Should an administrator’s appointment be terminated where the motives of the appointor are improper but the statutory purpose of the administration can still be properly achieved?

The case of Thomas and another v Frogmore Real Estate Partners [2017] EWHC 25 (Ch) ( judgment available here) concerned the administration of three companies whose registered offices were in Jersey and which were all part of a larger company structure which specialising in real estate investment and management in the United Kingdom. The three companies (the Companies) operated as SPVs within the corporate structure, each owning a shopping centre in England. The shopping centres were managed by another company in the group which had its registered office in London.

Administrators had been appointed by Nationwide Building Society in November 2016, following the Companies’ failure to pay outstanding loans totalling over £106million. There was an on-going dispute (dating back to 2014) between the Companies and the management company as against Nationwide, arising out of the Nationwide’s decision to transfer its economic interest in the loans to a third party.


The two issues the court had to decide were whether:

• the Companies’ centre of main interest (COMI) was in England & Wales, such that the conditions for appointment of the administrators in paragraph 14 of Schedule B1 of the Insolvency Act 1986 (IA 1986) were satisfied. The Companies denied that their COMI was in England & Wales on the basis that their registered offices and board meetings were in Jersey. As a result they asserted that the IA 1986 provisions were not engaged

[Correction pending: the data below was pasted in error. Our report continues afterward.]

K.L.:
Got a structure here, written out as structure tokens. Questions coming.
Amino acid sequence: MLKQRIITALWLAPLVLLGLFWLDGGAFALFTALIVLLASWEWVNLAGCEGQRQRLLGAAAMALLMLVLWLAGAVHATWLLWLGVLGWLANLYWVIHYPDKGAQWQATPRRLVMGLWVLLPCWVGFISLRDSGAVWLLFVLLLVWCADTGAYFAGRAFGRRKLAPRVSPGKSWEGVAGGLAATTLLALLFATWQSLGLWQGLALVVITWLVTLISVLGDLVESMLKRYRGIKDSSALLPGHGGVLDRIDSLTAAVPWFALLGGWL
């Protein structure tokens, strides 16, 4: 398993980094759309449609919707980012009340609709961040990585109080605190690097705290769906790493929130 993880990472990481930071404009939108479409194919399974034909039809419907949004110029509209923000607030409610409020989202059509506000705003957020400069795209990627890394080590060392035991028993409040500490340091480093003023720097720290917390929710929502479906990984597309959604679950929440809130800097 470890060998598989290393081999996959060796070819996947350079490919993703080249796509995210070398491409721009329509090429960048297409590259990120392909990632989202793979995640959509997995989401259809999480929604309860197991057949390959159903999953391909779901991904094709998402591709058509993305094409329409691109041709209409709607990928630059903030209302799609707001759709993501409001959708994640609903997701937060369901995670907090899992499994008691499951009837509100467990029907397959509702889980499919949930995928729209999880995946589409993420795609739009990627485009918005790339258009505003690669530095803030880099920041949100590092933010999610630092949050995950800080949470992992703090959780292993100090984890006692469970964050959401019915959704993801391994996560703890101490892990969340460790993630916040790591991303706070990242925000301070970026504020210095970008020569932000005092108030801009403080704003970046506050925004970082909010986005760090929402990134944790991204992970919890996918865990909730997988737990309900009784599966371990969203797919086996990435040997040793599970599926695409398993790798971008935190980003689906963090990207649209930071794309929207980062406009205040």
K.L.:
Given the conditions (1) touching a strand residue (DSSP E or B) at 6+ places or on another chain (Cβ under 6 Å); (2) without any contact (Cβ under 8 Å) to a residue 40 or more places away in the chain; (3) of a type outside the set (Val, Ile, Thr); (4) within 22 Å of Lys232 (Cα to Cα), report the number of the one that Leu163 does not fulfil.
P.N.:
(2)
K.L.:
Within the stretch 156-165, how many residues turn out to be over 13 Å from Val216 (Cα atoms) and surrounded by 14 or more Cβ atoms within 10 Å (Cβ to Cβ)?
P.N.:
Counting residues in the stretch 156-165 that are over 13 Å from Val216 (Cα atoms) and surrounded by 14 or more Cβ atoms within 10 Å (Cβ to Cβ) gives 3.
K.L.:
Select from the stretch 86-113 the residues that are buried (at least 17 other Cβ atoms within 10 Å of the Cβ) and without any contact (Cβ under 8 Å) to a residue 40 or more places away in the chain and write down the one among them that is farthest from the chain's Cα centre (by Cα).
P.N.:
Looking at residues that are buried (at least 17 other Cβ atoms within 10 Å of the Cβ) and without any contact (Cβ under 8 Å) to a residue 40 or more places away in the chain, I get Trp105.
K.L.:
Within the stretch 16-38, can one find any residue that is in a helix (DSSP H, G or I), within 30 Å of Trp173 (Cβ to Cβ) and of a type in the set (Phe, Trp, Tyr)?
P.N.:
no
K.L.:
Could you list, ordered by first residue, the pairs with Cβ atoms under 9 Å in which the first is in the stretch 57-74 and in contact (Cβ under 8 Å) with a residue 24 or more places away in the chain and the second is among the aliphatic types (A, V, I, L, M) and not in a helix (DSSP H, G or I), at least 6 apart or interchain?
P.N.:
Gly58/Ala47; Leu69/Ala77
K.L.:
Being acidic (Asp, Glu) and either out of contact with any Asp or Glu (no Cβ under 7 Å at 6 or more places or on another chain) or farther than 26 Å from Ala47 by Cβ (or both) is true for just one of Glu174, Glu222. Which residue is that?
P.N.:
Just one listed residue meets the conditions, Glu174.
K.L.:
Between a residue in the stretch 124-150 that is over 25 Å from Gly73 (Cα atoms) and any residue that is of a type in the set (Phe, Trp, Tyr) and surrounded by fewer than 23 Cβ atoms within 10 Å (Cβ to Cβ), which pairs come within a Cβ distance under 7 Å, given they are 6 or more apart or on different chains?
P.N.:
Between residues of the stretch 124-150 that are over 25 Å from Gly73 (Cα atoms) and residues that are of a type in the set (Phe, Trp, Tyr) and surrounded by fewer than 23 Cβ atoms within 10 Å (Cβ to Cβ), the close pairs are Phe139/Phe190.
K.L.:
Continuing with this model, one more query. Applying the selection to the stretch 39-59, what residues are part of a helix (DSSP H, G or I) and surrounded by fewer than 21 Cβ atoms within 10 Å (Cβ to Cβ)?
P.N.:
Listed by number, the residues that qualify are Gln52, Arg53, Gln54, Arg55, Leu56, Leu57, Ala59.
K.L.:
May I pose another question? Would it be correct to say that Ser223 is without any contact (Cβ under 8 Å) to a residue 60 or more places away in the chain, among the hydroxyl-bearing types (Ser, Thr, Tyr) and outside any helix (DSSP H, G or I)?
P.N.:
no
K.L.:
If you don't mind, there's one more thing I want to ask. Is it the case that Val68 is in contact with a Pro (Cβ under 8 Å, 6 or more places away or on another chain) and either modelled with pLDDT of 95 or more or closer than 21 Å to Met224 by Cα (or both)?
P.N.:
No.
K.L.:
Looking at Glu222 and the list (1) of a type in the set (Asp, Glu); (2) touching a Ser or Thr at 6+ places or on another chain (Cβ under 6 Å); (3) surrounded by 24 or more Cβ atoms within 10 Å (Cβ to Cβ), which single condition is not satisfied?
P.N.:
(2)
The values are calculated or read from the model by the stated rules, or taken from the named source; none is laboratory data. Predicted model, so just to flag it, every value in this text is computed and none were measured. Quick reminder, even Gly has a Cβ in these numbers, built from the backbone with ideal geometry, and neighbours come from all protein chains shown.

• the court should exercise its discretion to order that the appointment of the administrators should cease to have effect as a result of improper motives of the appointor. The Companies argued that Nationwide’s decision to appoint administrators was a cynical attempt to stifle the ongoing 2014 dispute and the administrators’ appointment should be terminated for improper motive under paragraph 81 of Schedule B1.

Decision as to COMI

The Court held that the COMI for each of the Companies was in England & Wales because irrespective of the fact that board meetings were held in Jersey, the day-to-day conduct of the business and activities of the Companies was in the hands of the management company appointed in England and governed by a contract with an exclusive English law and jurisdiction clause. The management company provided a very large range of services to the Companies, including day-to-day management of the shopping centres and dealing with their financing, accounting, marketing and formulation of their business strategy; and included the “types of function that one would expect a head office to discharge”.

Decision as to improper motive

The court held that improper motive did not necessarily thwart the appointment of the administrators but merely “engages the jurisdiction” of paragraph 81 of Schedule B1. The court has a wide discretion and should look to whether the statutory purpose of the administration can be achieved rather than the motives for appointment. The judge held that where paragraph 81 of Schedule B1 is invoked “it is unlikely to lead to an order that the administration cease where the statutory purposes could properly be achieved irrespective of the appointor’s motivations”.

Key points for practitioners

This judgment will be of some comfort to practitioners that, regardless of the motives of the appointor, the court will not as a matter of course hold that the appointment is invalid. In reaching its decision, the court considered a decision of the High Court of Northern Ireland which stated that “aggressive and, indeed, malevolent motivation would not, per se, undermine the (proposed) administrator’s statutory statement of opinion”1 . Provided the objectives of the administration can be achieved by the appointment, practitioners will likely have good reason to continue with the administration, irrespective of the appointor’s motives.